But there's lots more to "Bangkok 8." For starters, it has a splendid array of characters in addition to Sonchai: William Bradley, a large, powerfully impressive black U.S. Marine whose bizarre murder initiates the complex events; the Colonel, head of Police District 8, in which Sonchai works, a man of surpassing cynicism and amused resignation to life's inevitable corruptions; Fatima, a stunning woman who is "a combination of Pol Pot, Father Christmas and a Hindu death goddess"; Sylvester Warren, an American jeweler who is, to put it mildly, "a very well-connected man"; Kimberley Jones, a fetching FBI agent who develops a thing for Sonchai; and, by no means least, Sonchai's mother, Nong, who "is fifty now, and has not lost her effortless talent for projecting sex."

Indeed it is sex — not murder, not undercover betrayals, not even Bangkok or Thailand — that is the real subject of this alluring novel. Though there's scarcely an explicit sexual encounter, the entire novel is suffused with the "great game" of sexual attraction, enticement and conquest. Burdett describes the scene just past midnight in a bar where foreigners — farangs — have gathered to choose among the prostitutes:

"Shy men who have been saying no all night find their wills sapped by drink and the ceaseless attention of near-naked young women; all of a sudden the prospect of going back to the hotel alone is more appalling — and somehow more amoral, a crime against life, even — than congress with a prostitute. Skillfully, the girls build a dream world of fantasy in the Western mind, a world which is mysteriously difficult to let go of. And the girls, too, have their fantasies: of finding the farang who would support them for life, or failing that, take them to the West and relieve them, for a year or two, of this living hand to mouth, not to mention the indignity of their trade. The bar is packed."

It is one of the more considerable accomplishments of this novel that Burdett manages to contrast the "indignity" of the prostitutes' trade with the dignity of many of those who practice it. Nong is a truly remarkable character: smart, resourceful, indomitable, worldly, irreverent. In unlikely alliance with the Colonel, she establishes what she calls the Old Man's Club, founded on the proposition that in the age of Viagra a fellow is never too old or decrepit to have a little fun, that "if sex is Thailand's biggest industry, we ought to set about modernizing and regularizing it, giving the girls a better deal, a new career after compulsory retirement at age twenty-eight, compulsory profit sharing."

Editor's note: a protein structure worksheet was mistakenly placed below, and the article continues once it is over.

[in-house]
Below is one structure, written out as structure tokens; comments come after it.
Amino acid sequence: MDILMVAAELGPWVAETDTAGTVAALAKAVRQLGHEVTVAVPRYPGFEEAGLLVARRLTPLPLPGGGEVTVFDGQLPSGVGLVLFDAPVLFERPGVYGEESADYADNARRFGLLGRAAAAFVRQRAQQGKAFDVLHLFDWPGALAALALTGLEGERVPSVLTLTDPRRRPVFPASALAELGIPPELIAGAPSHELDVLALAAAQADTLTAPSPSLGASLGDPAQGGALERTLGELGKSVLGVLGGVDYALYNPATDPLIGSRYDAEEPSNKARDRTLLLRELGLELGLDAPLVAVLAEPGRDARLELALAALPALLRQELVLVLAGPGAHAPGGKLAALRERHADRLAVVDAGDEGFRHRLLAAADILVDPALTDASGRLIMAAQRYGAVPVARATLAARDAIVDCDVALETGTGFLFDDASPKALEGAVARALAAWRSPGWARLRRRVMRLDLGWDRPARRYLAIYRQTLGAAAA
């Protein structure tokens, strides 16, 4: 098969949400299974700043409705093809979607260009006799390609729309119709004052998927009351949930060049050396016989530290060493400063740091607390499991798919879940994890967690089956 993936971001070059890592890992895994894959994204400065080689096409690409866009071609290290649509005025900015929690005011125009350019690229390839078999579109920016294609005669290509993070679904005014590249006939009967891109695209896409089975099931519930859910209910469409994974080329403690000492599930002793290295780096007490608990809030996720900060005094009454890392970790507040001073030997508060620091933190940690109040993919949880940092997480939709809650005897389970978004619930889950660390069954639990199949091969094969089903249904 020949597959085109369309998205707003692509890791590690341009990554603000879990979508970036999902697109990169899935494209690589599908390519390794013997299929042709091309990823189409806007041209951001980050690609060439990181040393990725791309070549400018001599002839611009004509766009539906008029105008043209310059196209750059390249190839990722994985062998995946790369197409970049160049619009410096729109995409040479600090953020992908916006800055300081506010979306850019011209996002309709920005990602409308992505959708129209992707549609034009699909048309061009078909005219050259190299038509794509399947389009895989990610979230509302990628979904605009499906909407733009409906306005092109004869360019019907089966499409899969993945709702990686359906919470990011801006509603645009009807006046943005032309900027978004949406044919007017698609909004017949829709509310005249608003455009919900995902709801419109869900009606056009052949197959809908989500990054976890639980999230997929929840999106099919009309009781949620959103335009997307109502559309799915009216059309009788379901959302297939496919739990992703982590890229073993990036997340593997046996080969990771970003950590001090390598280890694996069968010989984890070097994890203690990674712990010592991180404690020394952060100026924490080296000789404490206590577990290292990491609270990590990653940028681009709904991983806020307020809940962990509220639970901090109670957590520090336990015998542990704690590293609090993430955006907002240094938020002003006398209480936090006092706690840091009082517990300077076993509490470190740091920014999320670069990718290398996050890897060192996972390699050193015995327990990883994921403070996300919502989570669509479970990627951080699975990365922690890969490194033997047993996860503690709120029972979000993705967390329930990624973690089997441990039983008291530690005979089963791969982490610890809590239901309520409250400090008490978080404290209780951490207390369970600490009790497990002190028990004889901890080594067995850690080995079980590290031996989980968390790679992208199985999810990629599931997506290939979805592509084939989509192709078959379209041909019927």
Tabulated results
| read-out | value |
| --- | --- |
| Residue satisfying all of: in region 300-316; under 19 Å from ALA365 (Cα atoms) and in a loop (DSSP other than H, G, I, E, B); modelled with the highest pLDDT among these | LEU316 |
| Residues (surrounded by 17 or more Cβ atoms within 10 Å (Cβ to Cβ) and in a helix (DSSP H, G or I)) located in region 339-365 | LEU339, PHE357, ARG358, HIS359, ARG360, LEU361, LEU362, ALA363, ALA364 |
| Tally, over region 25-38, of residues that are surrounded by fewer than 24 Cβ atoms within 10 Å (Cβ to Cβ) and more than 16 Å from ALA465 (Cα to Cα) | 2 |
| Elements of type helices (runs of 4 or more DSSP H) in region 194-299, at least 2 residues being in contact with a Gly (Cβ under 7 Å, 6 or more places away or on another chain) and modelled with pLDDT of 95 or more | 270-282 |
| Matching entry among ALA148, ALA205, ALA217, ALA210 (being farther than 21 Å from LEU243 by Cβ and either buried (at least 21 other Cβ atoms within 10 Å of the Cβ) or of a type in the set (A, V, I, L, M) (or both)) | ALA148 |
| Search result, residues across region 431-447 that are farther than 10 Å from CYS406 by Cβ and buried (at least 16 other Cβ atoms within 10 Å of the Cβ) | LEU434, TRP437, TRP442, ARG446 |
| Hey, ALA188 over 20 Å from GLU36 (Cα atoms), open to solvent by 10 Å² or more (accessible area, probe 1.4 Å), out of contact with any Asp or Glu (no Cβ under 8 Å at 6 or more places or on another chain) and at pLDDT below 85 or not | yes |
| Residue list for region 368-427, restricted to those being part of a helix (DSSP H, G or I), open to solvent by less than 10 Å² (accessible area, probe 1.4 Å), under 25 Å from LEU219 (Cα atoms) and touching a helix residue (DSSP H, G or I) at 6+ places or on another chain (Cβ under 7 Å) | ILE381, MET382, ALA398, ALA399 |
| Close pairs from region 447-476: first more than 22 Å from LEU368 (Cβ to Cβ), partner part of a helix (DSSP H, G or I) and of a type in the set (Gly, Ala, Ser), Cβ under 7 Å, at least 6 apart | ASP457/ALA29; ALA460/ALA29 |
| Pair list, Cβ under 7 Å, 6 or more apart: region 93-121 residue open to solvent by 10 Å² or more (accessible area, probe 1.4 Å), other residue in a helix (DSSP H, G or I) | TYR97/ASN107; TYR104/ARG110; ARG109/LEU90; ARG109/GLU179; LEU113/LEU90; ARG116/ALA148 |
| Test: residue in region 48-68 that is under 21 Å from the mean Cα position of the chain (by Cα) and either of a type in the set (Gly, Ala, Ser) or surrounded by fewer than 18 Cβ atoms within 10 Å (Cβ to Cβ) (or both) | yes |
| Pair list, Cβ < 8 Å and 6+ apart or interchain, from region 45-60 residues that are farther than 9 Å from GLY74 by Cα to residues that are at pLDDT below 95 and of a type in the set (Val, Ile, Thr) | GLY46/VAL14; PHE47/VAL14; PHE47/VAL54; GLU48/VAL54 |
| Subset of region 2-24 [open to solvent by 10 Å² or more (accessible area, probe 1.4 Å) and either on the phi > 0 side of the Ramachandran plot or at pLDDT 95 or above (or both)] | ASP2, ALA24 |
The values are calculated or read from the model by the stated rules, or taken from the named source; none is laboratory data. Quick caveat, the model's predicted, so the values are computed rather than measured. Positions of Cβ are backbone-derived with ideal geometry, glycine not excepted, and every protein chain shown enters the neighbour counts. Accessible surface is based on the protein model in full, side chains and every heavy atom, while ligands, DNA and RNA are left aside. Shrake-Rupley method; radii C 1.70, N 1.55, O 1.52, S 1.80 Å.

That's at the end of "Bangkok 8." The path that leads there is long, twisted and full of surprises. Many people turn out to be not at all what we had thought at first they were, and on almost every page we have little choice except to contemplate — and ultimately to savor — "moral ambiguity." If the novel is steeped in sex, it is also steeped in Buddhism, in which "compassion is an obligation, even if corruption is inevitable."

Sonchai is just about the only incorruptible person in these pages, but he accepts the corruption of others as normal and inevitable even as he rages against the senseless killing of "my soul brother," his fellow detective Pichai Apiradee. As he says about the country he loves:

"Taking into account that the police are generally facilitating someone else's scam, it begins to look as if 61 million people are engaged in a successful criminal enterprise of one sort or another. No wonder my people smile a lot."

No wonder the reader smiles a lot, too. "Bangkok 8" is a gas.

© 2003 The Washington Post Company

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Created: January 8, 2004
Last modified: January 14, 2004